Francisco Cervelli, Backup Catcher: No More, No Less

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One Yankees player who inspires some strong emotions among members of the fanbase is Francisco Cervelli. He started 2010 very hot, with a .387 wOBA in April fooling some into believing that he was an everyday player. With Jorge Posada’s defense continuing to deteriorate, a rapidly growing portion of the fanbase called for Cervelli to steal the starter’s job from Jorge. However, Frankie regressed terribly at the plate from June through August, and was not much better in the field. The bloom was off the rose, to the point where many called for him to be sent down to the minors.

This offseason, Cervelli was nearly traded for Russell Martin, and the Yankees have made it fairly clear that they do not trust Frankie in anything more than a backup capacity. Some Yankees fans have gone so far to say that he “sucks” and want him off the roster. However, a look at his numbers, and more importantly, the competition at backup catcher, shows that he is a solid backup and is a perfectly reasonable player to keep on the roster while he is cheap.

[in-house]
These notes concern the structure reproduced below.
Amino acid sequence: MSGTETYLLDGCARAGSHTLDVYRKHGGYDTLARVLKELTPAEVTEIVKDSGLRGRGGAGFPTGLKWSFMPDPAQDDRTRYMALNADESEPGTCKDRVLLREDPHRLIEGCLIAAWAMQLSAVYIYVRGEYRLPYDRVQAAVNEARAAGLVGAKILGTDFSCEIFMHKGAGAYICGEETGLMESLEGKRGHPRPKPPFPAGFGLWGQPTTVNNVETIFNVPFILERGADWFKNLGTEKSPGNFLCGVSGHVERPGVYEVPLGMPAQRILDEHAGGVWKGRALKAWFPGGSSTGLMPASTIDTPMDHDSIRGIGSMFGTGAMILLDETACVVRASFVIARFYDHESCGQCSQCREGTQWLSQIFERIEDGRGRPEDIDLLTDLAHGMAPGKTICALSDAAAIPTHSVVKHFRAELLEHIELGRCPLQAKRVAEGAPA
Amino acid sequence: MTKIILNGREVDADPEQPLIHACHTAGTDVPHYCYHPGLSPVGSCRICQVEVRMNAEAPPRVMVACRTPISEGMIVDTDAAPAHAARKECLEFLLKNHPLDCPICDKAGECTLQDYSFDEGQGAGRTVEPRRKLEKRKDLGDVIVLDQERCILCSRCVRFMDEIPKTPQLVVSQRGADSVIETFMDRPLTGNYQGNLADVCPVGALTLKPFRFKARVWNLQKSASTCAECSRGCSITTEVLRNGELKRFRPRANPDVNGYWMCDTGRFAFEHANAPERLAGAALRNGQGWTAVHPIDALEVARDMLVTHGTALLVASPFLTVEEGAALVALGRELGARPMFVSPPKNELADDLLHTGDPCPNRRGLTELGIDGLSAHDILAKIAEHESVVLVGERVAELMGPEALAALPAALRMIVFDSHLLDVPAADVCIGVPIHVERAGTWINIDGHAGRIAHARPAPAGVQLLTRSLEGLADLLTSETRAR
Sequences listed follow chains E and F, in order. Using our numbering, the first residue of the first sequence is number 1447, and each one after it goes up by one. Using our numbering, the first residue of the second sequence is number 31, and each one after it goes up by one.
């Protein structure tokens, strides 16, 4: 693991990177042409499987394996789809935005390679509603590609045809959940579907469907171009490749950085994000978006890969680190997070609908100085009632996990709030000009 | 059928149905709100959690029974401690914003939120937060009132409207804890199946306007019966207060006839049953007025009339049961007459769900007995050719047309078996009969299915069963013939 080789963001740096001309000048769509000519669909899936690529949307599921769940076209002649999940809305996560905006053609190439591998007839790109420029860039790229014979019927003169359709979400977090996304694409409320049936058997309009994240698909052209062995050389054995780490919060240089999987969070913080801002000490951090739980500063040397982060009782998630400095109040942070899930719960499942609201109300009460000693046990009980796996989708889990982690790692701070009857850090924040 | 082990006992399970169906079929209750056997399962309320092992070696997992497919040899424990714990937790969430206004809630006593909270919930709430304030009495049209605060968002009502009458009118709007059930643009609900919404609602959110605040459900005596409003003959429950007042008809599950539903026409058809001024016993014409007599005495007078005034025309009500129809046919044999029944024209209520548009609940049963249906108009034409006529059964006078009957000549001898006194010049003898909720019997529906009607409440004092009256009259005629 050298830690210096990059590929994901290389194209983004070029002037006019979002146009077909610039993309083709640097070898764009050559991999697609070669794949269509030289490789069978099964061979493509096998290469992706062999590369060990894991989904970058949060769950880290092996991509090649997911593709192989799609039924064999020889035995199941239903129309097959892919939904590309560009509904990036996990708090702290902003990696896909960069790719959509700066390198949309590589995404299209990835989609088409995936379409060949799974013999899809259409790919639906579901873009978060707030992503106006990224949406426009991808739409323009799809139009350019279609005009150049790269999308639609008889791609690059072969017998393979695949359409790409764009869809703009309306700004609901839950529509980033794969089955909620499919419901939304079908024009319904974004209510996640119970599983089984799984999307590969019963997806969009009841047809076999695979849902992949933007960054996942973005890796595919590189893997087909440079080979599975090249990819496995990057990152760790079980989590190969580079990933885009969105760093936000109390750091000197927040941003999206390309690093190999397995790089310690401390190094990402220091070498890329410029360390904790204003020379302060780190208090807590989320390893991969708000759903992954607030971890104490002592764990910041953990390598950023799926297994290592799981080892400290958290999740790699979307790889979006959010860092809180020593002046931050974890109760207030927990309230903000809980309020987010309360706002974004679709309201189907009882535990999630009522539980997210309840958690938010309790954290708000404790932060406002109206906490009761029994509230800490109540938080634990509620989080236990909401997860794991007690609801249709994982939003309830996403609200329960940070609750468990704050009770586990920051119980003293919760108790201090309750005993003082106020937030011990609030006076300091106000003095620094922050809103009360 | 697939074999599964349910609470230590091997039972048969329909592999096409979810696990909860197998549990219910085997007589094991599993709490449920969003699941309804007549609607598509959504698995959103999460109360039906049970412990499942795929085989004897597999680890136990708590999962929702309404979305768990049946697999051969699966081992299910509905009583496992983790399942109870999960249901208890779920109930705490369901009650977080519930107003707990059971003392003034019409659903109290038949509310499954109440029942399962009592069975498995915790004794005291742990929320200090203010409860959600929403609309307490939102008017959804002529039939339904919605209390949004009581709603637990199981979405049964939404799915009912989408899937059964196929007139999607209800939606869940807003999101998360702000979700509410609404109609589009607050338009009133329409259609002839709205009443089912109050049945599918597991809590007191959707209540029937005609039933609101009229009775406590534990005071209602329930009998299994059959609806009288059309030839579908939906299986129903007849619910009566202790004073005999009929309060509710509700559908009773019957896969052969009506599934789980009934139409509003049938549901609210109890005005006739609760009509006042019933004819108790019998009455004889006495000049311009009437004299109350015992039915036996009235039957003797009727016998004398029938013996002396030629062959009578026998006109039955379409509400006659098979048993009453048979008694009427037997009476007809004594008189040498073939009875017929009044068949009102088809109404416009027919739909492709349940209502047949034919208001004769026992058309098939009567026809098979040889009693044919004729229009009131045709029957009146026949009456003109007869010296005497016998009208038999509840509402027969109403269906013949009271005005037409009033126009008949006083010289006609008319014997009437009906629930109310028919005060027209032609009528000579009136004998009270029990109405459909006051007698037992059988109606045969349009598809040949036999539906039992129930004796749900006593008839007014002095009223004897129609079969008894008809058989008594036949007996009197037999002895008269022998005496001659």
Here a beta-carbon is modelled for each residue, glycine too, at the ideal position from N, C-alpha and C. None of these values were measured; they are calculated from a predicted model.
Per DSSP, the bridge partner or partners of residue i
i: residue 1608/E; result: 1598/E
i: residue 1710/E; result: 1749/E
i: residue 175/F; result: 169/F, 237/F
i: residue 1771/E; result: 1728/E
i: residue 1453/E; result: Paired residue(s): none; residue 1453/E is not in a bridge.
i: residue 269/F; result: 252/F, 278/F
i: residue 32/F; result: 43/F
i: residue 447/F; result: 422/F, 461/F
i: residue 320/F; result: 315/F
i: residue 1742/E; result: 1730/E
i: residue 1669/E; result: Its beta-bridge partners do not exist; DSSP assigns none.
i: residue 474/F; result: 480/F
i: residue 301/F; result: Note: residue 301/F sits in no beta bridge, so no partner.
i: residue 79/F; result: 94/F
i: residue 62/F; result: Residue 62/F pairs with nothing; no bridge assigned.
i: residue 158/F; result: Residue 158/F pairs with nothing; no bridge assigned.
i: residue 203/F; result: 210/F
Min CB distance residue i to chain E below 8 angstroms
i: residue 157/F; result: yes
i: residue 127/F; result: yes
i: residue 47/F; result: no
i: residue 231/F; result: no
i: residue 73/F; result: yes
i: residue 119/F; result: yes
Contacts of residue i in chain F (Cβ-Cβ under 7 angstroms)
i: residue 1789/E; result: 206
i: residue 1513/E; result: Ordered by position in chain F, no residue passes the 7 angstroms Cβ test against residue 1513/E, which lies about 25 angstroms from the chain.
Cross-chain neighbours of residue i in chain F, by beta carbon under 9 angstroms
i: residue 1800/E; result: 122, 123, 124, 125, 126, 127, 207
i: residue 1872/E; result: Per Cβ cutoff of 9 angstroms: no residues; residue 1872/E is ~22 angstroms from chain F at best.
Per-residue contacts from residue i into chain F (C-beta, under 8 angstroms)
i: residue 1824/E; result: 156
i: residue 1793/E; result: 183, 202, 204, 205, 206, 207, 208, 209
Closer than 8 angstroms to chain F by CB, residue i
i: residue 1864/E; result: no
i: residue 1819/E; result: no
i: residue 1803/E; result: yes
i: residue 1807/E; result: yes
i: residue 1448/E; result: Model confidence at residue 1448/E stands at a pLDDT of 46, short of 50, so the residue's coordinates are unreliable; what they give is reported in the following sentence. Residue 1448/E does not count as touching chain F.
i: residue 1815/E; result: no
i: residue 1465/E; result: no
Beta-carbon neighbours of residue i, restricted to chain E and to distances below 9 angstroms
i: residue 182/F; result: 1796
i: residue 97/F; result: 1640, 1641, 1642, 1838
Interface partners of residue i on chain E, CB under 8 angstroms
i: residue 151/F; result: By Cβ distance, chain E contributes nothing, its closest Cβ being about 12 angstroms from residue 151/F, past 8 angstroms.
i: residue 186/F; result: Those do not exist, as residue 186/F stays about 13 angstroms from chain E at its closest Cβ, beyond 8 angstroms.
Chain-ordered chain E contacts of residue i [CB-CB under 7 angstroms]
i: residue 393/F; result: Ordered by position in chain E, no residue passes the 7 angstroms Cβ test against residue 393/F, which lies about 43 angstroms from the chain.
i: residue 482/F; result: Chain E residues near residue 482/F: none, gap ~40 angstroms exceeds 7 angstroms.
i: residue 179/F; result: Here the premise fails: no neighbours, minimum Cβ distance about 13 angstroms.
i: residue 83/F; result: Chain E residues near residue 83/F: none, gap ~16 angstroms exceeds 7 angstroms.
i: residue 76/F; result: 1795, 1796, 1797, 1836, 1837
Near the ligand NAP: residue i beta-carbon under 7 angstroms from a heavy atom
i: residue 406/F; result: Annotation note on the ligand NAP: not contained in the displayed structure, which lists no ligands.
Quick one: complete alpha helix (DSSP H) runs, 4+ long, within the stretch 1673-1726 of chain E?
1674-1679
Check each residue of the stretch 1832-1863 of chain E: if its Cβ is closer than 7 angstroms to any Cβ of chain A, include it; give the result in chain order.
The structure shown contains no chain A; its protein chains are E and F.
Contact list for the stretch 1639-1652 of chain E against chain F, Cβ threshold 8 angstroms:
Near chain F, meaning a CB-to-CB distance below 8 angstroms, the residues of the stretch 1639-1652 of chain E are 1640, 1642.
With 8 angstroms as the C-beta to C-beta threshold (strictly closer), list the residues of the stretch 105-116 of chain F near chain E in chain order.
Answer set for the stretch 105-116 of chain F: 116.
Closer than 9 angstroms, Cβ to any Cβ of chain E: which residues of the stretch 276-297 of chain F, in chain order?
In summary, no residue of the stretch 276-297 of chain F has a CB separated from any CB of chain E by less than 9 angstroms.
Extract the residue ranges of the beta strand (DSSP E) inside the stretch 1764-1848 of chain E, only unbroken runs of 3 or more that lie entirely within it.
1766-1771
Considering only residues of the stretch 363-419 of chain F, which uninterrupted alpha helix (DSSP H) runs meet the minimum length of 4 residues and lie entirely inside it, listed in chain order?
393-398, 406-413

Cervelli finished 27th (min. 120 PA’s) among all catchers in wRC+ last season (94), and was 28th in WAR (min. 60 PA’s). Now, that does not mean he was the 28th best catcher, as WAR is a cumulative stat and his unfortunate amount of playing time helped him build value relative to some backup types who may be better than him. But wRC+ is a normalized rate statistic, and it suggests that Frankie was right on the fringe of starting quality as a hitter. MLB catchers as a group hit an atrocious .249/.319/.381, while Frankie turned in a .271/.359/.335. A lot of that line can be attributed to a high BABIP in April, May, and September (where he OPS’ed at least .768 in each month), but his struggles in the middle months (.548 OPS or below) saw some fairly hard luck as well. To put his season in perspective, since 2004 only one Yankees backup has had a better OPS+ than Cervelli (88) did this year (Jose Molina in ’07, and that was in 71 PA’s). Overall, it seems clear that if you were to make an evaluation based on 2010, Cervelli would be ahead of most backup catchers in terms of offense.